911 call made by the woman who found Jayme Closs has been released

Jaimie-lee Prince
Jan 17, 2019
04:23 P.M.
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The 911 call made by the two women who helped Jayme Closs remain safe last week has been released.


Jeanne Nutter and Kristin Kasinkas called 911 on Thursday, January 10 when the 13-year-old entered Kasinskas' home. 

What happened next led to the arrest of the young girl's abductor, Jake Thomas Peterson. CBS reported the transcript's contents. 


Nutter was walking her dog when she saw Closs on the road. She instantly recognized Closs when she reached out to her. 

Nutter then went to a nearby home, that of Kasinskas, and they cared for the disheveled child. 

Kasinskas called 911 and told the operator: 

"Hi. I have a young lady at my house right now and she has said her name is Jayme Closs." 


The dispatcher was Amy Pullen. She later did an interview about the intensity of that call. 

At the time, she responded by saying: "OK, have you seen her photo, ma'am?" 

To which Kasinskas said: 

"Yes it's her, I 100 percent think it's her." 


Pullen then proceeded to ask whether or not Closs wanted to run away. She asked who she was speaking to and what happened. 

She then requested information about Patterson which led to his arrest. 

Now on the phone, Nutter explained: 

"His name is Jake Patterson, Jake Thomas Patterson. So we're kinda scared because he might come, so if the cops could get here soon." 


Pullen said she had "multiple deputies headed out there, so just stay on the line with me." She advised Nutter to lock the door and keep the animals inside. 

When Nutter, a social worker of 30 years confirmed that Closs would need medical attention, Pullen said she was working on it. 

She told Nutter: 

"And I’m just gonna start paging out medical, I’m gonna have them stay in the area because I don’t want to have anybody come up into the house until the deputies get there, but I want them in the area. Is this a cellphone that you’re on, Jeanne?”


Nutter said no and that she doesn't know Petterson because her and her family only periodically visit the area. She explained he had "never been friendly or talked to [her]."

Pullen advised the women that officers were approaching their residence. They thanked Pullen for keeping them calm and ended the call soon after a deputy arrived.

Pullen later said that the tears come up every time she talks about it. She spoke to KSTP about the ordeal. 


She said: 

"This the first time in 10 years where I actually went into like a full body shake and body sweat. Just because of the severity of the situation and how public it was and, you know, her family was in dire need of finding this girl."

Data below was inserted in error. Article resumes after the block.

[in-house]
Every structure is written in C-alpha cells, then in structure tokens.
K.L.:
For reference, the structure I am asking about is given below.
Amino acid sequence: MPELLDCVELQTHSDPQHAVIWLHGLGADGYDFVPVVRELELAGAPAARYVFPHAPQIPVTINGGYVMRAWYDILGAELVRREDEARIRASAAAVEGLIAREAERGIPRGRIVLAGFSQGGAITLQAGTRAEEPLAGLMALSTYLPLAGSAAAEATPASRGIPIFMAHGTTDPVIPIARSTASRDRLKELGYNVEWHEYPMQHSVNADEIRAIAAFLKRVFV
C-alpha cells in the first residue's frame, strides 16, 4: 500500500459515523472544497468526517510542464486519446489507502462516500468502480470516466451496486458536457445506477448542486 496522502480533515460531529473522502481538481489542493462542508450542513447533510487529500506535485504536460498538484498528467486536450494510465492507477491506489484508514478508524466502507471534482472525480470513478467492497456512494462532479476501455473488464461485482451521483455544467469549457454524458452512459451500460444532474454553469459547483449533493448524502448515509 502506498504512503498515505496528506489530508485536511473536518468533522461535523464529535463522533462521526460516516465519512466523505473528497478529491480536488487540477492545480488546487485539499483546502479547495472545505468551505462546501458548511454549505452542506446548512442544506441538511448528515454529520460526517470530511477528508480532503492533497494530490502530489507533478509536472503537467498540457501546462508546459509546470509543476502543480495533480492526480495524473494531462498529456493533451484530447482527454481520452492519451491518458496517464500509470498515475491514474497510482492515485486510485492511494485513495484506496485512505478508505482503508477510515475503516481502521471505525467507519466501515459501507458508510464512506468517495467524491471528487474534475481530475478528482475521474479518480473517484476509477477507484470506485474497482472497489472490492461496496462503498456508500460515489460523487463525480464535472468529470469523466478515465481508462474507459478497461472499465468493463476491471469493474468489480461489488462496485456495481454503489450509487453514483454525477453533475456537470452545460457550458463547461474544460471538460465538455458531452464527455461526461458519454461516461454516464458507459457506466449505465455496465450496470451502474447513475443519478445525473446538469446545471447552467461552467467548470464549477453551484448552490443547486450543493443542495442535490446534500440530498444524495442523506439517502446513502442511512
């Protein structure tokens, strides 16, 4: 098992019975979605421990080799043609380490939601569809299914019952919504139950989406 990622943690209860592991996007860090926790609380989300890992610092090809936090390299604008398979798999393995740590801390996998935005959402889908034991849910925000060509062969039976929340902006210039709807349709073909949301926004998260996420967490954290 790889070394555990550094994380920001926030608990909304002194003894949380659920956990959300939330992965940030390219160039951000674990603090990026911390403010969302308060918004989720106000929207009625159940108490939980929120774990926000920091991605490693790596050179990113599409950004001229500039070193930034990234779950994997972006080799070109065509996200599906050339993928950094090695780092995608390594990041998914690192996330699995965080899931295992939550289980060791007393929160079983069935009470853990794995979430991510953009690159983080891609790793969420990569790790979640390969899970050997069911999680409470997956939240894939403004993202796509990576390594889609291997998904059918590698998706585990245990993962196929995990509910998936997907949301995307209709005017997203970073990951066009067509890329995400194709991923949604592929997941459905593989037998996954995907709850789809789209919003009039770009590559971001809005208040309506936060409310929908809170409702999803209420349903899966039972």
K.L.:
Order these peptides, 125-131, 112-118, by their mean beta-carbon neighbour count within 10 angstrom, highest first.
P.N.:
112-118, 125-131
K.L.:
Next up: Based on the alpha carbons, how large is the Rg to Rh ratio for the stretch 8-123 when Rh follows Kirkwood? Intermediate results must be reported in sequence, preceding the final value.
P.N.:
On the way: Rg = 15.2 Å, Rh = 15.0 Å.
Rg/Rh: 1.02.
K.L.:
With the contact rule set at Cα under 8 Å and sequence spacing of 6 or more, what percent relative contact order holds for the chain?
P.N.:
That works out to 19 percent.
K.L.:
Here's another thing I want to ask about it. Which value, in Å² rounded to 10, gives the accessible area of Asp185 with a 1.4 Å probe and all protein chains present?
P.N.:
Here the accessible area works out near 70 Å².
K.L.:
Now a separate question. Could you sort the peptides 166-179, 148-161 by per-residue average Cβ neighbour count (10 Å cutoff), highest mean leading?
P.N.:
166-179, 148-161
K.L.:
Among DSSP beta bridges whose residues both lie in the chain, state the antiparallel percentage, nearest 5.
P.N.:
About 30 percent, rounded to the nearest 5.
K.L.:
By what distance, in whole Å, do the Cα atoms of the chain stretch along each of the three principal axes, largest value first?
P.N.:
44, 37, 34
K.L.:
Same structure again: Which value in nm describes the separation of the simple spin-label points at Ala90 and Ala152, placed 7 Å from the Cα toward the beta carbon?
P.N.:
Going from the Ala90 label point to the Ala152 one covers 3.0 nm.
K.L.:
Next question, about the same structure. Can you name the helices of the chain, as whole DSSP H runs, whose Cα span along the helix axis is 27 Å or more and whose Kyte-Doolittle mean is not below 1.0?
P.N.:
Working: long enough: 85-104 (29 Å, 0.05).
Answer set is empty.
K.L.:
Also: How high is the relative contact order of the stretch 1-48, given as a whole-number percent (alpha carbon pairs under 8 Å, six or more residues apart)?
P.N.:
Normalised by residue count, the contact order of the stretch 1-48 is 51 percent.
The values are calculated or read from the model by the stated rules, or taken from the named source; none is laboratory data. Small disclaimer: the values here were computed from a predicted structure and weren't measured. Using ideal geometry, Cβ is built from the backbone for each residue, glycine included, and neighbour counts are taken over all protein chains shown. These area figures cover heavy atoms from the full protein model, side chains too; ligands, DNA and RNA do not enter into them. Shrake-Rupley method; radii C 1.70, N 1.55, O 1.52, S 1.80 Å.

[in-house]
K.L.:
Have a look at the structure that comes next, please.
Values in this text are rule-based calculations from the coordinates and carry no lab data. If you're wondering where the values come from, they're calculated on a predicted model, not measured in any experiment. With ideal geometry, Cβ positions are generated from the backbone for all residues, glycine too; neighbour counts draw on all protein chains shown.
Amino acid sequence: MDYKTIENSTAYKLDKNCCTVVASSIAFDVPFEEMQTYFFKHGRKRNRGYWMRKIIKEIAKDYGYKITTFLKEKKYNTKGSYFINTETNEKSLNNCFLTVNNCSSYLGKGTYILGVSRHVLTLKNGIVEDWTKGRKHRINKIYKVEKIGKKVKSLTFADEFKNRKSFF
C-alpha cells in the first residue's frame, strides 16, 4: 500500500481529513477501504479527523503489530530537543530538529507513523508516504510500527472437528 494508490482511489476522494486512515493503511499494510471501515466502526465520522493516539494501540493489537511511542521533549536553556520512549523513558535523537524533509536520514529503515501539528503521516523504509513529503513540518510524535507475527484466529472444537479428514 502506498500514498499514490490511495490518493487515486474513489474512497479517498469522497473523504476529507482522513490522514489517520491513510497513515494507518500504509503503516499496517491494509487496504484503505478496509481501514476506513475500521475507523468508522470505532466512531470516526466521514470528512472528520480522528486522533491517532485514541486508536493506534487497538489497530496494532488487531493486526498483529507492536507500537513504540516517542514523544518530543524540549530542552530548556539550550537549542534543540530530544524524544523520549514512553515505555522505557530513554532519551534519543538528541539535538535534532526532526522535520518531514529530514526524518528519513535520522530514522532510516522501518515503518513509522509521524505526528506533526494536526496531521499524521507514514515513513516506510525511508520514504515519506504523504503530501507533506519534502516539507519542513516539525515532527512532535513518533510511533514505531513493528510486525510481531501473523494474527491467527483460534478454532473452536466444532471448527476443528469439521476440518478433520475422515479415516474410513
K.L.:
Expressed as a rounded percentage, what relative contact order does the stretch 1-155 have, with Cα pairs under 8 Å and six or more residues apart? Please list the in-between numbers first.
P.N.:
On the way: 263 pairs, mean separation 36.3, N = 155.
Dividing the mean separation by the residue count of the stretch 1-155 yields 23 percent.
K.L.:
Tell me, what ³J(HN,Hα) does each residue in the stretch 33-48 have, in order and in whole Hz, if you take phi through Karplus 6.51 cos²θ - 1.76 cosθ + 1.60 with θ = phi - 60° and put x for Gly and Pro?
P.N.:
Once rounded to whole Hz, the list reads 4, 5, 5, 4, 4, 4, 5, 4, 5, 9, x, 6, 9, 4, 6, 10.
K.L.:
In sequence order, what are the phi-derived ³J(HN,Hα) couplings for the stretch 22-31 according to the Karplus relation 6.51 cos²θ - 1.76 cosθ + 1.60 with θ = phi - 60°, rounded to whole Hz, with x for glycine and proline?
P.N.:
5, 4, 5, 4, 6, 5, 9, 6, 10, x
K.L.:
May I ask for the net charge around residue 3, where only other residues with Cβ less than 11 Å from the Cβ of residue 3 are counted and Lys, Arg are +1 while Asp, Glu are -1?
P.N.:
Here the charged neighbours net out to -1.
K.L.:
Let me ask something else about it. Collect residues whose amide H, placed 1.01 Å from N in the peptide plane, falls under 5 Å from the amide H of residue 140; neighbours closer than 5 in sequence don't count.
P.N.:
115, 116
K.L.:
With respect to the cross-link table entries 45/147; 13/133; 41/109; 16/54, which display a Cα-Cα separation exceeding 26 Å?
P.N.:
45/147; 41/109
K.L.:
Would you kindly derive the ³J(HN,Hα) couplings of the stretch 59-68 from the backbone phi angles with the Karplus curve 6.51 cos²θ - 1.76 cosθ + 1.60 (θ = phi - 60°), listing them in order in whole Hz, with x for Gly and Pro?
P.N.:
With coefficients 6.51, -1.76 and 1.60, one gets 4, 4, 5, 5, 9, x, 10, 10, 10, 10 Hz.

When asked if she believed the report at first, she said: "The sound on her voice. I knew that something was different about this. I actually remember looking at my partner that I was working with that day. She looked at me and she said, 'Is this legitimate?' I said, 'I think it is.'"


She described her thoughts about Closs: 

"Being an adult female, I can't even imagine being put in that situation and how I would react. But for her to be 13 and everything that she had been through, you know, in regards to her parents, and, you know, a stranger taking her in the way that he did. There are no words to describe how strong that girl is."

Patterson was charged with first-degree murder for killing Closs' parents on October 15. He entered the couples' Barron, Wisconson home and gunned them down before kidnapping Closs. 


Patterson, 21, confessed to the crime after he was taken in. However, his lawyers are now pointing to the confession as an unfair disadvantage for Patterson to have a fair trial. 

Charlie Glynn and Richard Jones, Patterson's defenders, said the situation put them before an "uphill struggle." They admitted that the confession was "thorough," but are questioning if it was true and voluntarily made.

Considering the jury may have heard the confession, their judgments may turn out tainted. It means Patterson might not have a fair trial according to the public defenders.


Meanwhile, Closs is staying with close relatives after escaping the remote house that Patterson allegedly kept her in. Pictures of the house were released to the public just yesterday. 

They showed the Wisconsin cabin in which Closs was forced to remain for 88 days. If Patterson had company or left the home, she would remain under his bed, locked in by laundry bins and barbell weights. 

The young girl would often go for more than 12 hours without food, water or bathroom breaks. Patterson lived on his own. Only his father and brother present at his first hearing.

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